The EPA regularly puts out press releases claiming the amount of energy that has been saved nationally by its Energy Star program. In its October 2012 Data Trends publication entitled “Benchmarking and Energy Savings” the EPA writes the following:
Do buildings that consistently benchmark energy performance save energy? The answer is yes, based on the large number of buildings using the U.S. Environmental Protection Agency’s (EPA’s) ENERGY STAR Portfolio Manager to track and manage energy use.
After making this claim the EPA offers the following supporting evidence.
Over 35,000 buildings entered complete energy data in Portfolio Manager and received ENERGY STAR scores for 2008 through 2011, which represents three years of change from a 2008 baseline. These buildings realized savings every year, as measured by average weather-normalized energy use intensity and the ENERGY STAR score, which accounts for business activity. Their average annual savings is 2.4%, with a total savings of 7.0% and score increase of 6 points over the period of analysis.
What does this mean? Does this mean that every one of the 35,000 buildings in question saw energy savings? Impossible – over time some buildings saw their energy use go up and others saw it go down. The statement clearly refers to an average result. But what is being averaged? The EPA is referring to the average (weather normalized) source energy intensity (EUI) for these 35,000 buildings — saying that it has decreased by 7% over three years In addition it points out that the average Energy Star score for these buildings has increased by 6 points over three years. The graphs below summarize these trends.
So here is the problem. The average EUI for a set of N buildings has nothing to do with the total energy used by these buildings. The average EUI could go down while the total energy use goes up and vise versa. Some buildings see their EUI go up – and these buildings use more energy – and some see their EUI go down – and these buildings use less energy. But you cannot determine whether more or less energy is used in total without calculating the actual energy saved or lost by each building – and this requires that you know more than the energy intensity (EUI) — you must also factor in each building’s size or gsf. This set of 35,000 buildings includes buildings that are 5,000 sf in size and others that are 2,000,000 sf in size – a factor of 400 larger. The EPA calculates mean EUI by treating every building equally. But each building does not contribute equally to the total energy – bigger buildings use more energy. (The EPA has employed the methodology used by the New Buildings Institute in their, now discredited, 2008 study of LEED buildings.)
It may be that these 35,000 buildings, in total, save energy. But we don’t know and the EPA has offered no evidence to show that they do. Moreover, I have asked the EPA to supply this evidence and they refuse to do so. It is an easy calculation – but they choose not to share the result. You can bet they have performed this calculation – why do you suppose they don’t share the result?
Now turn to the increased average Energy Star score. There is actually no connection whatsoever between the average Energy Star score for a set of buildings and their total energy use. For a single building, its Energy Star score, combined with its measured EUI and gsf allows you to calculate the energy it saved as compared with its predicted energy use. Readers might be surprised to learn that a building’s Energy Star score can go up while its energy use rises as well.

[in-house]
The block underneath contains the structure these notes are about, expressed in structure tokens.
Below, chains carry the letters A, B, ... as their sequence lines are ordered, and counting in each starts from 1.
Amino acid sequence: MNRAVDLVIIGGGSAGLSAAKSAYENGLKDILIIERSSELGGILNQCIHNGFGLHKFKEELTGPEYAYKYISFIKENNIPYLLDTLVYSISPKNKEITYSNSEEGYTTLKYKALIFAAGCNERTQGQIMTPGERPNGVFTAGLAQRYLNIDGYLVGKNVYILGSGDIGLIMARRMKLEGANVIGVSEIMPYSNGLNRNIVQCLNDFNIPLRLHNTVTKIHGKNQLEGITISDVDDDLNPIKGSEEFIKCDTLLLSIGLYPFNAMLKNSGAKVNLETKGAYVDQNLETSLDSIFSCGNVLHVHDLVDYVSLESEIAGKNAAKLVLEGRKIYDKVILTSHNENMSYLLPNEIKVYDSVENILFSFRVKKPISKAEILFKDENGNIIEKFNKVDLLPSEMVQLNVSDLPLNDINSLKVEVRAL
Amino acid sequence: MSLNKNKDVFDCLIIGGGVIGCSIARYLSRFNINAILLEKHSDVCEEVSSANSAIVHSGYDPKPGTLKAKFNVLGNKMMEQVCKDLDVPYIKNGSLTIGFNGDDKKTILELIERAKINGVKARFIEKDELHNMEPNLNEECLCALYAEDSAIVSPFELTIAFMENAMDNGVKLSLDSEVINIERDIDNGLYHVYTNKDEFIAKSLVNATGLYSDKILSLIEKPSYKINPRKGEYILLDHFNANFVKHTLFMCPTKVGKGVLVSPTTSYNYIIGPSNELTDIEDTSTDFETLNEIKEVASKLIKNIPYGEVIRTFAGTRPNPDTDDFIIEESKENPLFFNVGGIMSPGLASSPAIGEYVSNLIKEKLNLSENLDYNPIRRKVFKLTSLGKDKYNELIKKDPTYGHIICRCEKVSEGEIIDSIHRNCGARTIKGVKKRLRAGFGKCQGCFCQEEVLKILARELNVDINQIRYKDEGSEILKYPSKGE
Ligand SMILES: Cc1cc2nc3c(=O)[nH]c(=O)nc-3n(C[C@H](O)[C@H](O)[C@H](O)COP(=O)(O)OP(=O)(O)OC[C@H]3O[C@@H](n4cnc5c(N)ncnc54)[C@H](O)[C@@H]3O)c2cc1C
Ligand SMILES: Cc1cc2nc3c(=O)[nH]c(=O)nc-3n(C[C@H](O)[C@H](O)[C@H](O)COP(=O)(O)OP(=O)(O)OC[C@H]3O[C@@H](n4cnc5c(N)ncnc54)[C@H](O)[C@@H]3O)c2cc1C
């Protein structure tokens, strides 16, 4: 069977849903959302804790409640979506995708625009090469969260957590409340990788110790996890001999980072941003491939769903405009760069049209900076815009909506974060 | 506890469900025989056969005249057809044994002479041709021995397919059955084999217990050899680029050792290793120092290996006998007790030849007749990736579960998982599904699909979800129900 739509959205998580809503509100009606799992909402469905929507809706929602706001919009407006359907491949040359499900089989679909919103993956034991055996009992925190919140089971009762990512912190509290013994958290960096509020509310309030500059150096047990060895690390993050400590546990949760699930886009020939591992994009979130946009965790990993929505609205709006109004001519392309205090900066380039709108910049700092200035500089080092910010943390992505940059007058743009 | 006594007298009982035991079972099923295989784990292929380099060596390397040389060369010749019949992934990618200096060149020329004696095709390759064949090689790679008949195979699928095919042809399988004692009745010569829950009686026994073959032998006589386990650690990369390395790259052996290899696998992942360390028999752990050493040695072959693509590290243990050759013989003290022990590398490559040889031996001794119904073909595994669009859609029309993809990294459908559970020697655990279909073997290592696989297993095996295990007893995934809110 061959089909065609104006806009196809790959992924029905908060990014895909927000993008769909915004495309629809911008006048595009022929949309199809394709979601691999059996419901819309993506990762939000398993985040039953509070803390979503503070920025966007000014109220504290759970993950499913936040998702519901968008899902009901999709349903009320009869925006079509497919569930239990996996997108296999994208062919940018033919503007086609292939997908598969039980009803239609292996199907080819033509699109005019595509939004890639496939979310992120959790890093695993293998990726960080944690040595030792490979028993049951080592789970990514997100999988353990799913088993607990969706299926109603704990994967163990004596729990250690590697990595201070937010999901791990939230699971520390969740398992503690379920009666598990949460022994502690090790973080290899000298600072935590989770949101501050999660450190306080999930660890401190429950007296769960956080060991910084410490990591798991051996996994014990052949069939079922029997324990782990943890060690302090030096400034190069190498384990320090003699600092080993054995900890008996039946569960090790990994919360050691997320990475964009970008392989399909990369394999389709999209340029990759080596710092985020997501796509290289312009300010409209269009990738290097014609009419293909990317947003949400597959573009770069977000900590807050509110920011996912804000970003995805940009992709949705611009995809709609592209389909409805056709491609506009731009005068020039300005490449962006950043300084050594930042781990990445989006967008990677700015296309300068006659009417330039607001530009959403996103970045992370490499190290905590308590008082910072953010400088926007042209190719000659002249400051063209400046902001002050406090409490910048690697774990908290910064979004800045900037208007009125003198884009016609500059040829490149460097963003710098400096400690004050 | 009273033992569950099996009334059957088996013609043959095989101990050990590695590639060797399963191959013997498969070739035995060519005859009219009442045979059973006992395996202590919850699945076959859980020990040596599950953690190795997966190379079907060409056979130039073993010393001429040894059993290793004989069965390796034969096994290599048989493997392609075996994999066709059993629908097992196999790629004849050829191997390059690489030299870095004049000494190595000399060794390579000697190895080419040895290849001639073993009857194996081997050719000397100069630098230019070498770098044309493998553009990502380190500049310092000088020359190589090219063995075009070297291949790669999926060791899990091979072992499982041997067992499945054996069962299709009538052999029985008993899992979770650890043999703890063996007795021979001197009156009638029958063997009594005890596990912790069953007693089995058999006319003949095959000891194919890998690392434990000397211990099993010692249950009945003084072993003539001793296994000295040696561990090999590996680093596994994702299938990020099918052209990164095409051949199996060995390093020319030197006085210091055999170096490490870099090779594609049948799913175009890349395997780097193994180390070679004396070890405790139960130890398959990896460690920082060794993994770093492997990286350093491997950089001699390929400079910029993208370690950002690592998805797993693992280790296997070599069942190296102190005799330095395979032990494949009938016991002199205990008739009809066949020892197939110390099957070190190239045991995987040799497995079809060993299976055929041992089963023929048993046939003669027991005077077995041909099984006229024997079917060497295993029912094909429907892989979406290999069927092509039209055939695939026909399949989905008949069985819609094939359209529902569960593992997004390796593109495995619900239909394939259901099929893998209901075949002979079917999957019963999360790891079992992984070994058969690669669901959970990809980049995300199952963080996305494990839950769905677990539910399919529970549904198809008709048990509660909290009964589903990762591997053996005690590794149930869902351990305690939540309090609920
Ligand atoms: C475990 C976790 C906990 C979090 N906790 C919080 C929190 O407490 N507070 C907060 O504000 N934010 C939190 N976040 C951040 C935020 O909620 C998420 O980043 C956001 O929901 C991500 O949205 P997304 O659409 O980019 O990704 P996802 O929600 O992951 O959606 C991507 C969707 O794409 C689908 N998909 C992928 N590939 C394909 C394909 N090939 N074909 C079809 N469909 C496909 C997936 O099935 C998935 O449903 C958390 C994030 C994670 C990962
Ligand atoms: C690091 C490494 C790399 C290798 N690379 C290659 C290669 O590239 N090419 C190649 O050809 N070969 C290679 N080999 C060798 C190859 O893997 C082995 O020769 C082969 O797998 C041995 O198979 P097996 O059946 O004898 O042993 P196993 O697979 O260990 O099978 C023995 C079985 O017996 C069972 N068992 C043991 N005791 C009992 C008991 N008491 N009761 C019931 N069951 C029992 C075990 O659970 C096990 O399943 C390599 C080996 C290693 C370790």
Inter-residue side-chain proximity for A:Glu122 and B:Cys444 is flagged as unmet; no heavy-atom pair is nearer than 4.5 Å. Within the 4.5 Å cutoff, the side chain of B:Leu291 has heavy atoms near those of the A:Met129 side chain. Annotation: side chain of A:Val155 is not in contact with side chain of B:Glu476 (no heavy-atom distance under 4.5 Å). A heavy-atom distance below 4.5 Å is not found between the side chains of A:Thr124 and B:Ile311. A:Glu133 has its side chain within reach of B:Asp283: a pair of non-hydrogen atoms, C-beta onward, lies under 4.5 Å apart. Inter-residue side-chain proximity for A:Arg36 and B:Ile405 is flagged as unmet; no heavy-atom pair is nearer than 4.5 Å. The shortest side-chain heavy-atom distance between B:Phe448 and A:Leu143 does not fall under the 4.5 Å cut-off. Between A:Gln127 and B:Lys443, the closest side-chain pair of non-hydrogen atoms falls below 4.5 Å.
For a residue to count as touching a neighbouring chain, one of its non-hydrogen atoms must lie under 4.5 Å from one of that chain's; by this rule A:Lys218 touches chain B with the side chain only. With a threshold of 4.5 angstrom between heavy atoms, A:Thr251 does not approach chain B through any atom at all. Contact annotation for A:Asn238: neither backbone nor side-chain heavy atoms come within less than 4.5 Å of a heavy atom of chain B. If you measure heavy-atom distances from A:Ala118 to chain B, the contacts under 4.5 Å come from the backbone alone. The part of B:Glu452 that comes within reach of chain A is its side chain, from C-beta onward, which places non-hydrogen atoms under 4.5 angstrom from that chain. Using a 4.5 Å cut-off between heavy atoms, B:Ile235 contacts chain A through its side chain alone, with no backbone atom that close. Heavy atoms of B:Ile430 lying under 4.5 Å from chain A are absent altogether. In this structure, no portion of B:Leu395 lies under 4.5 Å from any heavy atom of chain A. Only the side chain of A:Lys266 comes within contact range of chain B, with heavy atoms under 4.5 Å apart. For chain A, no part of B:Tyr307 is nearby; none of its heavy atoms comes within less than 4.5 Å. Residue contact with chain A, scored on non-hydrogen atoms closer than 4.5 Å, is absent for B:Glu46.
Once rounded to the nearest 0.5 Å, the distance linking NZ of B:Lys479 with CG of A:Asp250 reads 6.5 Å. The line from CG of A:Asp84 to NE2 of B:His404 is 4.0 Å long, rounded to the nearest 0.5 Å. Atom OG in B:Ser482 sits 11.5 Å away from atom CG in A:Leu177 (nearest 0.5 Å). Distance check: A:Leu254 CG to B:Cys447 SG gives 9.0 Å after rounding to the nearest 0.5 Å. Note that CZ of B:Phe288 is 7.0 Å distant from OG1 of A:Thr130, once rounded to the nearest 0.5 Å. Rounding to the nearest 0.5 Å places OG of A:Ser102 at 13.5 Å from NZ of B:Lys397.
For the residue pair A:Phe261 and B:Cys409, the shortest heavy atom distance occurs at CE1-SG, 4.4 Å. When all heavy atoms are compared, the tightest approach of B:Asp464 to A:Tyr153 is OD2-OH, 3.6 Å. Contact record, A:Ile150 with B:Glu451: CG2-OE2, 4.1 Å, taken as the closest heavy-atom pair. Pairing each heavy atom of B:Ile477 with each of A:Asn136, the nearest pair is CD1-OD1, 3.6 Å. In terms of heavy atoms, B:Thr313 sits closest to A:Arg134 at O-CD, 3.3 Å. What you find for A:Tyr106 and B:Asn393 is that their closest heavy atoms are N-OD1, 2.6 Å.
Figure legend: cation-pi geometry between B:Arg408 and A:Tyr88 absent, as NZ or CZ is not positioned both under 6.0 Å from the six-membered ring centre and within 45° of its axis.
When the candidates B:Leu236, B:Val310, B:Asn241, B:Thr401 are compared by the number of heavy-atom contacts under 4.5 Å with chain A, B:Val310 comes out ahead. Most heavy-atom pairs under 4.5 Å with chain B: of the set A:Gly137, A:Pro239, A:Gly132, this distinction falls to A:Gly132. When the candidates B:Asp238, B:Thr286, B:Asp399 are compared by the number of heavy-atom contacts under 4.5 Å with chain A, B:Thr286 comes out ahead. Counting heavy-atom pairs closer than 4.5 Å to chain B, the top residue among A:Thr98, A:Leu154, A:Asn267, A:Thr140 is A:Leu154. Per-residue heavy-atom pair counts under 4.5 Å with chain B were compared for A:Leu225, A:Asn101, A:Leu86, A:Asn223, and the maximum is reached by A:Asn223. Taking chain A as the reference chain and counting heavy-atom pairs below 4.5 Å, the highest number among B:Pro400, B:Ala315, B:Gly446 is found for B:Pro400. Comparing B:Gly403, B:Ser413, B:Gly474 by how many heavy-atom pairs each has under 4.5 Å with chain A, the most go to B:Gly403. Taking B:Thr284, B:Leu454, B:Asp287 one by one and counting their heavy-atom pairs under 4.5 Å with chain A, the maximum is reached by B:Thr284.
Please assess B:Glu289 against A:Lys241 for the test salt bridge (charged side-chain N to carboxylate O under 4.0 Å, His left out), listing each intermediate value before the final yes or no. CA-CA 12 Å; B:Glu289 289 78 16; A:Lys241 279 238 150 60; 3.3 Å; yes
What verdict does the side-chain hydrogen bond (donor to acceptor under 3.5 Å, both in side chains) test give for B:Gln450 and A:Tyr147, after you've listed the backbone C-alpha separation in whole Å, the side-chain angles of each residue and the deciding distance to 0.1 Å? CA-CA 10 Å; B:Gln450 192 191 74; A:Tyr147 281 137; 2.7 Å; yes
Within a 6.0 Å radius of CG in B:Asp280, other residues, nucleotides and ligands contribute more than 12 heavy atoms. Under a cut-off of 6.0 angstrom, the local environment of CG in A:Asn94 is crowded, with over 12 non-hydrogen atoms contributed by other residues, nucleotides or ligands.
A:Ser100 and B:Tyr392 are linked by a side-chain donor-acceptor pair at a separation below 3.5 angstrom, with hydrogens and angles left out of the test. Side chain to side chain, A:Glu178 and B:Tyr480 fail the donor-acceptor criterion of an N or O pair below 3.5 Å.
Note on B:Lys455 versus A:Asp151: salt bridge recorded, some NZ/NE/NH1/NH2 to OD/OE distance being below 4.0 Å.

But for a collection of buildings no such relationship exists. If they are all one type of building (for instance, all dormitories) you can combine their individual scores with their individual gsf and their individual EUI to learn something about their total energy – but absent this additional information it is hopeless. And if the buildings are from more than one building type there is absolutely no meaning to their average Energy Star Score. Such statistics are intended only to impress the ignorant.
The EPA, therefore, has presented no evidence to support the claim that buildings that are regularly scored in Portfolio Manager collectively save energy. Instead they have offered meaningless sound bites — claims that sound good but have no scientific relevance.
It is easy to see the problem by considering a simple case — two buildings – one a 100,000 sf office building and the other a 10,000 sf medical office. Suppose in year 1 the office building has an EUI of 100 kBtu/sf and an Energy Star Score of 60, while in year 2 it has an EUI of 120 kBtu/sf and an Energy Star Score of 58. Suppose that the medical office building in year 1 has an EUI and Energy Star score of 140 kBtu/sf and 50, respectively, and in the year 2 an EUI of 120 kBtu/sf and an Energy Star score of 60.
In this simple example the “average EUI” for year 1 is 120 kBtu/sf and for year two is 110 kBtu/sf – by the EPA’s standards, an 8% energy savings. But when you work out the numbers you find their combined energy use in year two actually rose by 14%. Surely EPA officials understand the difference.
To summarize, the EPA has claimed that the energy consumption of buildings that regularly use portfolio manager has gone down by 2.4% per year but they have offered no evidence to support this – only evidence that the average EUI for these 35,000 buildings – a meaningless figure, has gone down.
The EPA should either withdraw their claim or provide the evidence to back it up.